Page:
Abbreviations

PTC: Papillary thyroid carcinoma; FTC: Follicular thyroid carcinoma; FVPTC: Follicular variant of PTC; FTAs: Follicular thyroid adenoma samples; MTC: Medullary thyroid carcinoma; PI3K: Phosphatidylinositol-3 kinase; MAPK: MAP kinase; MMR: DNA mismatch repair; MSI: Microsatellite instability; MSS: Microsatellite stability; MSI-L: MSI-Low; MSI-H: MSI-High; MSP: Methylation–specific PCR.

Competing interests

The authors declare that they do not have any competing interests.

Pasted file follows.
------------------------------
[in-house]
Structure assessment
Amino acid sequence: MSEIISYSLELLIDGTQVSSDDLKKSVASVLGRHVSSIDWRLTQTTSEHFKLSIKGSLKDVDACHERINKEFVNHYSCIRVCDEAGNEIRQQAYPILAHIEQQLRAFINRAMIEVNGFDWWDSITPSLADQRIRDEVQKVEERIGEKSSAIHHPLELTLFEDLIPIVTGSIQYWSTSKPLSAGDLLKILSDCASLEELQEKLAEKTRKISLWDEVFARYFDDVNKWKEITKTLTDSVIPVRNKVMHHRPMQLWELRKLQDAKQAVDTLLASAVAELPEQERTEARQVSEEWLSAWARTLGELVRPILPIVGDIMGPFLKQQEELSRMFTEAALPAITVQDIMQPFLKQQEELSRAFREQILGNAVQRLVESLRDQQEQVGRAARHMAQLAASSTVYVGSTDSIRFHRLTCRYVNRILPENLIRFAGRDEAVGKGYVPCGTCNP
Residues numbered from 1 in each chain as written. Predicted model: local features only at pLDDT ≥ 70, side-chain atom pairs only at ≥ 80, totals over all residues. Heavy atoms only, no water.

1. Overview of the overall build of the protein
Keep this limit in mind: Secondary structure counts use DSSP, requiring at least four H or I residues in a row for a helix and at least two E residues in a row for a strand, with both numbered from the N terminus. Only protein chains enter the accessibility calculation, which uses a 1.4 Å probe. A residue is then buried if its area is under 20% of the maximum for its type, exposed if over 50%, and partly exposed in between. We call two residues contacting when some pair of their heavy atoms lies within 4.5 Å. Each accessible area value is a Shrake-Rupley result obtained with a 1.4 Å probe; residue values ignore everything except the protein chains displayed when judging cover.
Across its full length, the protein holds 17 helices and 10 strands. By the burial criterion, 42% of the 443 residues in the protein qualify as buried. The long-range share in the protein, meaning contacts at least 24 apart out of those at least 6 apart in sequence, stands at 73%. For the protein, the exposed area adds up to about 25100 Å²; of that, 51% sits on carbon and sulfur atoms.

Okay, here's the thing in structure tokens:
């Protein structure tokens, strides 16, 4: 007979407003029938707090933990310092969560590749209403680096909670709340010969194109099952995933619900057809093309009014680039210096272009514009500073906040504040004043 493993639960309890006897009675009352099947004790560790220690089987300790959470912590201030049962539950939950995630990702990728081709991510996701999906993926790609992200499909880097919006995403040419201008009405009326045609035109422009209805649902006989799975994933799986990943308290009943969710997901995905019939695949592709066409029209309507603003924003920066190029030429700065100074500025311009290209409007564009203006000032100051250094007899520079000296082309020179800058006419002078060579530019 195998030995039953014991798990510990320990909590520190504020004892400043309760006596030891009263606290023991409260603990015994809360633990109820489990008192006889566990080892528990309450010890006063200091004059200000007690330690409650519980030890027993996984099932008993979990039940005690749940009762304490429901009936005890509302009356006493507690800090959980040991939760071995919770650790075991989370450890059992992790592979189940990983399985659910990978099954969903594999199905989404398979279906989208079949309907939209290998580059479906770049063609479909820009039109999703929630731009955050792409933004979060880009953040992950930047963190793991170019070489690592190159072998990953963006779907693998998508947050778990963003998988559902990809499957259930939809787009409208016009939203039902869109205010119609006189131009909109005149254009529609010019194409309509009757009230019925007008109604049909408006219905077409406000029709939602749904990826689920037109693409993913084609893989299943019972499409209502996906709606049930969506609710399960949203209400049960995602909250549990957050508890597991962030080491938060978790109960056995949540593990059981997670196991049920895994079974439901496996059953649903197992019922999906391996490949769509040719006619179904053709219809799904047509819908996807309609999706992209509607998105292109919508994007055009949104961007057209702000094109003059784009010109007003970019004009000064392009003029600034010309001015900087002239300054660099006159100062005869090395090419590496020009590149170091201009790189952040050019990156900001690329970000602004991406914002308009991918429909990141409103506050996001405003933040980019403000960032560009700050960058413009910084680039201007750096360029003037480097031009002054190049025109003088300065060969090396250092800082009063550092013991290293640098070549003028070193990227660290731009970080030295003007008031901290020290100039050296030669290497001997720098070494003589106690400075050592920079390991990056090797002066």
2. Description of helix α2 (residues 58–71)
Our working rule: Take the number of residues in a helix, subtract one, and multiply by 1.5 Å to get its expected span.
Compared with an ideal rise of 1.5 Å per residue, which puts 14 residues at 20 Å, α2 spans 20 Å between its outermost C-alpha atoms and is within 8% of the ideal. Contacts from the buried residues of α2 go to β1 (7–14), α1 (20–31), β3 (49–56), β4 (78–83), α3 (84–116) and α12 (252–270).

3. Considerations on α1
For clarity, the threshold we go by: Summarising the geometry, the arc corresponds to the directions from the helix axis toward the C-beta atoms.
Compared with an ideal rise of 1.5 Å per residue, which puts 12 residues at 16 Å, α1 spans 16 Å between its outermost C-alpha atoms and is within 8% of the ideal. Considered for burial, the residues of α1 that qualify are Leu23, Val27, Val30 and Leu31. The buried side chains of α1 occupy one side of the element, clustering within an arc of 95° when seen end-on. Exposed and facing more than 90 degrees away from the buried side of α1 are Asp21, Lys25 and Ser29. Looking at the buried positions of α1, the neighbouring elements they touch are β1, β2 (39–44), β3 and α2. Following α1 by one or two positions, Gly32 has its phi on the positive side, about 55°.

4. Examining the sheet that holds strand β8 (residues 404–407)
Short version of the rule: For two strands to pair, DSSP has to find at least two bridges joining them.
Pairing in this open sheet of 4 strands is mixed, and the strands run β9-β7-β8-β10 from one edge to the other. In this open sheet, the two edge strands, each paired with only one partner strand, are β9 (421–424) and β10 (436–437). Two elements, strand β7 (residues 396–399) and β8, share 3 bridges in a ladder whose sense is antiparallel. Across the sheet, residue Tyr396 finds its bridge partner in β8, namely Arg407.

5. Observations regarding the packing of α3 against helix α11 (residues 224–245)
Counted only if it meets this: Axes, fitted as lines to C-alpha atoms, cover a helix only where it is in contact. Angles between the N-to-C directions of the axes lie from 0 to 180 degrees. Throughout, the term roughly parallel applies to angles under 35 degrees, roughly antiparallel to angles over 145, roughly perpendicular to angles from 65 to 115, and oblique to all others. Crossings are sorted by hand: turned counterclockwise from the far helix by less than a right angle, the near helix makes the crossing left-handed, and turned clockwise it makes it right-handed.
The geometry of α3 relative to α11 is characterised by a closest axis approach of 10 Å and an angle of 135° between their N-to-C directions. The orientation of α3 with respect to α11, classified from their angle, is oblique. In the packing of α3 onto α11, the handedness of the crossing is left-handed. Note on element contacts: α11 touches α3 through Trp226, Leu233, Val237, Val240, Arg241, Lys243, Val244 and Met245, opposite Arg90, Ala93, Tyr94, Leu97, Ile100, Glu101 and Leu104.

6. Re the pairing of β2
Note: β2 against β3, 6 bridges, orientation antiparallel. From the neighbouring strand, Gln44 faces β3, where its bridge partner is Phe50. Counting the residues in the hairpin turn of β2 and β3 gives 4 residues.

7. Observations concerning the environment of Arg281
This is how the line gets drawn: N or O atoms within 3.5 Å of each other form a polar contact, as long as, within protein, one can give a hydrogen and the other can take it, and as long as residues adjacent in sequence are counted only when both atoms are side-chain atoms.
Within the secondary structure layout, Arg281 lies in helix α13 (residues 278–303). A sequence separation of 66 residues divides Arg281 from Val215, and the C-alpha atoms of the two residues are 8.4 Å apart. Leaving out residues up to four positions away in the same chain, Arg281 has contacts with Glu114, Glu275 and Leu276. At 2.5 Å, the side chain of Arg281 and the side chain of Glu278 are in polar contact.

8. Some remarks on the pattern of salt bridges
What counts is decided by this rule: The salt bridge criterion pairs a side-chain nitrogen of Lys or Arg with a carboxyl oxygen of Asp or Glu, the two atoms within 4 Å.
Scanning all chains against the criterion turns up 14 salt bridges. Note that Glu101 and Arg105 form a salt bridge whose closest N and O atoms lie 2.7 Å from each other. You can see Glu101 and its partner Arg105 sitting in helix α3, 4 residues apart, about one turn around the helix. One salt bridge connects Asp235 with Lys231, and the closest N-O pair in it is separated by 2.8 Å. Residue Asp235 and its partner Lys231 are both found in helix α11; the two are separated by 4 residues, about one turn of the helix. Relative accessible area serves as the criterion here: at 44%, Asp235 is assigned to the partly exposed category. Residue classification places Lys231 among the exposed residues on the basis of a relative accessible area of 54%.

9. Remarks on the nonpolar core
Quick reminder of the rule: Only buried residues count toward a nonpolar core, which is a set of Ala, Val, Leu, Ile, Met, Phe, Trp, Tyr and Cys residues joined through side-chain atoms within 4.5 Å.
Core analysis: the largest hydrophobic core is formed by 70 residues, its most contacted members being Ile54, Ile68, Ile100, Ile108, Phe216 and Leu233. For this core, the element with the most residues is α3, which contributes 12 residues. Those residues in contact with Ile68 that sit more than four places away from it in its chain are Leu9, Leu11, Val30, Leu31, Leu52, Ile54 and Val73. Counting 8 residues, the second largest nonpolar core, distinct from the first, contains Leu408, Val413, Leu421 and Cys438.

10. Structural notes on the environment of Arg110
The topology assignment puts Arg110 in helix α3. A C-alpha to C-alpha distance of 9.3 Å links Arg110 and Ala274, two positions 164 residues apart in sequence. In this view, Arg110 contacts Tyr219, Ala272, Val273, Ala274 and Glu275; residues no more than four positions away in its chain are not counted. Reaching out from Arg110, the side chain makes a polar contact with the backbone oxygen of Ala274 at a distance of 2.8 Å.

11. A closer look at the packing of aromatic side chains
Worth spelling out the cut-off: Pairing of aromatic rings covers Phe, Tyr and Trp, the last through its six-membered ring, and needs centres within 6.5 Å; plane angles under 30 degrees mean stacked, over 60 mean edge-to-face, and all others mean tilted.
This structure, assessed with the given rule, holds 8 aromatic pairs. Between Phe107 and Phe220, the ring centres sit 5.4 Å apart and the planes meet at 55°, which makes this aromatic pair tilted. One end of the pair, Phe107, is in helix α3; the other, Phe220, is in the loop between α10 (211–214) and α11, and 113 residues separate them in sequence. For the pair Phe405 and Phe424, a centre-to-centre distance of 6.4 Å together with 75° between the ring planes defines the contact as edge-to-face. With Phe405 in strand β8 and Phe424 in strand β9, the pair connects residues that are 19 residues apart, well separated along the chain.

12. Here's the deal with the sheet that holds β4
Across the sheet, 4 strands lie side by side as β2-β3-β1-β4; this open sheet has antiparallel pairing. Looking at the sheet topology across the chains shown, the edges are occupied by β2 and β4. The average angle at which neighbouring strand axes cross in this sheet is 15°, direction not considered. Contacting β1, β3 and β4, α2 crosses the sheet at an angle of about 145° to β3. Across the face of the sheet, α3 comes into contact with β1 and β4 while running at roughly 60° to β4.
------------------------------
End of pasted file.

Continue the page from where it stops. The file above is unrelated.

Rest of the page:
Authors’ contributions

JS made significant contributions to the conception and design of the study, acquisition of data, analysis and interpretation of data, drafting and critical revision of the manuscript, statistical analysis, and supervision. She had full access to all of the data in the study and takes responsibility for the integrity of the data and the accuracy of the data analysis. AB made significant contributions to the acquisition of data, critical revision of the manuscript, statistical analysis, and technical support. JC made significant contributions to the acquisition of data, critical revision of the manuscript, and administrative support. MR made significant contributions to the analysis and interpretation of data, critical revision of the manuscript, and statistical analysis. All authors read and approved the final manuscript.